arrow = arrow(length = unit(0.2, "cm"))) +
  labs(title = "Proportion of Men in Cross-Border Workforce",
       subtitle = "Switzerland, 1995-2019",
       color = "Canton",
       x = "", y = "",
       caption = "quarter annualized - Data source: BFS")

It looks like we have different gender ratio levels according to the Swiss canton. However, it is hard to see clearly and to categorise the cantons by group.

Let’s make a time serie clustering to get the categories. I will reuse some code of the excellent blogpost of Bruno Rodrigues to perform a time-series k-means clustering.

set.seed(1111)

# Only since 2007 as missing values before for some cantons
data_bfs_wide <- data_bfs_ratio_annualized %>%
  inner_join(cantons, by = c("municipality" = "canton")) %>% # join table
  filter(year > 2006) %>%
  select(municipality, year, gender_ratio_annualized) %>%
  pivot_wider(names_from = year, values_from = gender_ratio_annualized)

wss <- map_dbl(1:6, ~{kmeans(select(data_bfs_wide, -municipality), .)$tot.withinss})

elbow_df <- as.data.frame(cbind("n_clust" = 1:6, "wss" = wss))

ggplot(elbow_df) +
  geom_line(aes(y = wss, x = n_clust))

The optimal number of categories seems to be four. Let’s cluster our times series in four different groups.

clusters <- kmeans(select(data_bfs_wide, -municipality), centers = 4)

gg_plot <- data_bfs_wide %>% 
  mutate(cluster = clusters$cluster) %>%
  pivot_longer(cols = c(-municipality, -cluster), 
               names_to = "year", 
               values_to = "gender ratio") %>%
  mutate(cluster = as.factor(cluster)) %>%
  rename(canton = municipality) %>%
  ggplot() +
  geom_line(aes(y = `gender ratio`, x = year, 
                group = canton, colour = cluster), 
            show.legend = FALSE) +
  facet_wrap(~cluster, nrow = 1) +
  scale_color_brewer(palette = "Set2") +
  scale_x_discrete(breaks = seq(2007, 2019, by = 3)) +
  guides(color = FALSE) +
  theme(axis.text.x = element_text(angle = 45, hjust = 1)) +
  labs(title = "Proportion of Men in Cross-Border Workforce in Swiss Cantons",
       x = "")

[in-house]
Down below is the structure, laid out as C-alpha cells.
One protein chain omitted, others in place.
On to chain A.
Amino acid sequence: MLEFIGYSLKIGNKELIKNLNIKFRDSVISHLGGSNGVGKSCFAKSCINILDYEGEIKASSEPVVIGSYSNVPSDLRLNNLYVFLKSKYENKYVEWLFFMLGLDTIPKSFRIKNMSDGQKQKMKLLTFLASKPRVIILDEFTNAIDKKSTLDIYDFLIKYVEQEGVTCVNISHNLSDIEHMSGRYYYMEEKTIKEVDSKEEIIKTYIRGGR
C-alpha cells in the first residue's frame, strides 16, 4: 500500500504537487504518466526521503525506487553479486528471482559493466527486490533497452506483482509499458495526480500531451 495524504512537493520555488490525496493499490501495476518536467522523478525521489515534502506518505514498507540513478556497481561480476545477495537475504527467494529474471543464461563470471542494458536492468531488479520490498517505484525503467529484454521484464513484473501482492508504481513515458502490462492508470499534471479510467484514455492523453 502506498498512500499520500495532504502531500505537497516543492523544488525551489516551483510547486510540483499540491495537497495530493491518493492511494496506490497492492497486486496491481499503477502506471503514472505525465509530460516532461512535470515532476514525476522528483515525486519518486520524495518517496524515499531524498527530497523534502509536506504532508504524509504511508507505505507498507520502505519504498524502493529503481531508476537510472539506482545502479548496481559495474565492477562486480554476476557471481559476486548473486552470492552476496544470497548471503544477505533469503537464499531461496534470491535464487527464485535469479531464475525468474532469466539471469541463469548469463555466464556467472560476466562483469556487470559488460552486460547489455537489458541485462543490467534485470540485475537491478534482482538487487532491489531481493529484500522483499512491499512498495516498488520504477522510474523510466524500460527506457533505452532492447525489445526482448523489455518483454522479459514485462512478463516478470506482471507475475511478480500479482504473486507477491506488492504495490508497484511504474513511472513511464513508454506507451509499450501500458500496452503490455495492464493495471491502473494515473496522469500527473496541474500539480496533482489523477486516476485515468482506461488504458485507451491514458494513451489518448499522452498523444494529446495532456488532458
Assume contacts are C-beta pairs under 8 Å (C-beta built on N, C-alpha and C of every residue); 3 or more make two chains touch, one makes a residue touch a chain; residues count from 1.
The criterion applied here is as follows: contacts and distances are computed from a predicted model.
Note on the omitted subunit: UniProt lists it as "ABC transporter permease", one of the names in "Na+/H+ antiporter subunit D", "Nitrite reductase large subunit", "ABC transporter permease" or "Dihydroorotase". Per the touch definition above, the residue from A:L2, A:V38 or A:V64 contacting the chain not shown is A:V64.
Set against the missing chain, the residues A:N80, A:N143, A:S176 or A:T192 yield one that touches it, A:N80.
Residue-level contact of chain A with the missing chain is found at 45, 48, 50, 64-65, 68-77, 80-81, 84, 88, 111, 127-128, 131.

plotly::ggplotly(gg_plot) %>%
  hide_legend()

Put your mouse over the interactive plot above. You can discover the canton’s name and related gender ratio for each time serie of the four clusters. Note that we have only kept data from 2007 as we had missing values for the previous years in some cantons.

That’s all for the exploration of the cantonal level. What about the municipal level?

Mapping time!

Let’s plot the gender ratio of cross-bording work by Swiss municipality for the last year available, i.e. 2019.

With the great RSwissMaps package of David Zumbach, it is possible to create a map of Swizterland with only a few lines of code.

# the BFS id of all municipalities are inside the RSwissMaps
# the data inside RSwissMaps is taken from year 2016
bfs_id_mun <- RSwissMaps::mun.template(year = 2016)

data_bfs_2018 <- data_bfs_ratio_annualized %>%
  left_join(bfs_id_mun, by = c("municipality" = "name")) %>%
  filter(year == 2019)

mun.plot(data_bfs_2018$bfs_nr, 
         data_bfs_2018$gender_per, 
         year = 2016) +
  scale_fill_viridis_c(labels = percent, direction = -1) +
  theme(legend.position = "right") +
  labs(title = "Proportion of Men in Cross-Border Workforce in Switzerland",
       subtitle = "More women in green-yellow, 2019",
       fill = "",
       caption = "Quarterly annualized - Data Source: BFS")

Data shows that central Swiss municipalites also have some cross-bording workers. If cross-bording work is mainly done by men, a few Swiss municipalities have more women working as cross-bording worker.

Let me know what you think about my new BFS package and feel free to contribute or make a pull request here.

Thanks for reading!


  1. English and Italian have less datasets available.↩︎

Reuse

Text and figures are licensed under Creative Commons Attribution CC BY 4.0. The figures that have been reused from other sources don't fall under this license and can be recognized by a note in their caption: "Figure from ...".

Citation

For attribution, please cite this work as

Luginbuhl (2019, Nov. 7). : Introducing my new R package {BFS}. Retrieved from felixluginbuhl.com/blog/posts/2019-11-07-swiss-data/

BibTeX citation

@misc{luginbuhl2019introducing,
  author = {Luginbuhl, Felix},
  title = {: Introducing my new R package {BFS}},
  url = {felixluginbuhl.com/blog/posts/2019-11-07-swiss-data/},
  year = {2019}
}